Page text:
My grandmother and grandfather are leaving their old house, moving to a community near Washington DC and more of the family. That house was built by my grandmother's grandfather with his hands, an old Victorian thing in a small town in Western Pennsylvania. There are French doors, crystal doorknobs, the china and fine silver that had been given as wedding gifts. There are albums of antique photography, serious but confused bearded immigrants and children in frocks blinking into time. (They don't look much like me. I got my father's blood.) There are fantastic books, bound in leather and bearing some relative's initials. The house is filled with strange artefacts of scattered points in time and space. Several generations and extensive travels are represented. There are large porcelain elephants from Vietnam, rubbings of dancing women with exposed breasts from temples in Thailand, funny German clocks, hideous drinking glasses from the sixties. As a child I believed the jetsam to represent some single zeitgeist. The basement is an old coal cellar. The floors aren't paved, and the ceiling beams are entire halves of trees, the bark still on them. Bits of my family were born and died in the bedrooms. I've always thought the place felt haunted. The garage in the back was the old barn, still filled with impossibly old tools and children's sleds. There are secrets scattered and forgotten in the hay loft: suicides and trysts.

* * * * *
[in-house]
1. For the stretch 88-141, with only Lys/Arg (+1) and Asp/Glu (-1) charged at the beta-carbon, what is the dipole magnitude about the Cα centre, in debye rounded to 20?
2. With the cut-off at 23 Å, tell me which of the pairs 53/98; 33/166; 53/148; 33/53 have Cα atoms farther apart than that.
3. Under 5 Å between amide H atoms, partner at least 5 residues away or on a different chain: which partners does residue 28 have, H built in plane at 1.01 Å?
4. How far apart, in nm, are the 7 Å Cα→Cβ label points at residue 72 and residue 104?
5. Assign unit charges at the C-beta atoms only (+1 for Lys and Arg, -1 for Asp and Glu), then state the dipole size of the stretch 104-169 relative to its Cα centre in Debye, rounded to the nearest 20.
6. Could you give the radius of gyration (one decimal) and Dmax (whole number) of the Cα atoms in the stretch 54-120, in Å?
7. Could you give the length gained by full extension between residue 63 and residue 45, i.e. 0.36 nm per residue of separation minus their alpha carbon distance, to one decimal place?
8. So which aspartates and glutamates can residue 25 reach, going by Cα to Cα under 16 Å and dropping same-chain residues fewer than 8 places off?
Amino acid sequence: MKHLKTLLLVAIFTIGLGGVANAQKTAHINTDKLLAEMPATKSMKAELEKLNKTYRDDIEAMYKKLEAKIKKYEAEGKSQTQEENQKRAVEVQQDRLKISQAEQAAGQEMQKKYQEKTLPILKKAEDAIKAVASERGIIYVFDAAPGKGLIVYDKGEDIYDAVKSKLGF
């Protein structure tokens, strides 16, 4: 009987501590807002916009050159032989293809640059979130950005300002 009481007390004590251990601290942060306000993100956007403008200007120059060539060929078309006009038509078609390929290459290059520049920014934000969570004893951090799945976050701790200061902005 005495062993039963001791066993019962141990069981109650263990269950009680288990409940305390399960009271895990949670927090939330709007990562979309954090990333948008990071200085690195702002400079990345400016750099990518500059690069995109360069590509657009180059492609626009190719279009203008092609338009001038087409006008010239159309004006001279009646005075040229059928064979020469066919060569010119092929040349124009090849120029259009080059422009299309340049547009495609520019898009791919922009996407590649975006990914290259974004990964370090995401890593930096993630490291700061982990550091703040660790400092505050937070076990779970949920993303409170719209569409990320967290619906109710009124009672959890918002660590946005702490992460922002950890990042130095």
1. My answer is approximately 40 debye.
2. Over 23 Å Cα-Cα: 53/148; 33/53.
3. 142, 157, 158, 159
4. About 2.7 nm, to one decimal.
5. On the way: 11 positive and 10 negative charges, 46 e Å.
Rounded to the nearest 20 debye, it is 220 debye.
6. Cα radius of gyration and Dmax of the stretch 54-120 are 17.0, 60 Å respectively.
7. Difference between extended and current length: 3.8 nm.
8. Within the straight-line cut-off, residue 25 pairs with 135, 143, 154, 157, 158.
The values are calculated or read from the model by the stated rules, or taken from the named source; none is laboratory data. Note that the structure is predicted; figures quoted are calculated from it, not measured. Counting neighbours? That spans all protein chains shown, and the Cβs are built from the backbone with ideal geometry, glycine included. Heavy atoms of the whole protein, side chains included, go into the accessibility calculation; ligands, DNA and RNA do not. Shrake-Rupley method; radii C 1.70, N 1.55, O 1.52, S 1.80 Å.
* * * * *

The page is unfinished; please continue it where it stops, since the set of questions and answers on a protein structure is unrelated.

My mother and aunts and uncles are there now, helping to pack. I asked them not to scavenge for me, but that if any of the old books were going to be left or thrown away, I'd very much like to have them. I suppose I'll never see that house or that town again. It was the centre of an otherwise scattered family.

When my great-grandfather died residents of the entire town and surrounding areas marched in his funeral procession. I'm told there were hundreds of them. He was thought to be a great man: not the town's founder, but in many ways its heart. The ghosts of that march walk past the house again now, I'm sure of it.
jacktellslies: (this machine)
I threw out all of my old notebooks a small while ago. Parker mistook the plastic bag into which I was throwing them and we took them home, by accident, and I threw them out all over again. The first things I ever tried to write were in there, as was the only evidence that I could be an artist, if I tried. Now it rots but does not disappear, somewhere. And I threw out my makeup today. For years I crafted intricate masks for myself every day, big glam things, cityscapes and messages and warrior marks. I never do, anymore, so it is well enough that they are gone, but it felt like throwing out the alter cloth. And even most of the things that I like are gone, now. But perhaps that was for the best. I mean to continue in this way, weeding out the unnecessary. I never want to drown in my things. I never want to be tied to something I cannot leave behind.

It is that day. I have not spoken to my father in four years. That still feels more strange than anything else. I am not as sad as I usually am today, but I'd rather not be alone. Parker and JJ and I are having dinner. It is kind of them. I'll fill my flask with Jameson tonight and pass it around the room.
jacktellslies: (crow)
Coretta Scott King and Betty Friedan are dead.

Goodnight. Thank you.

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August 2009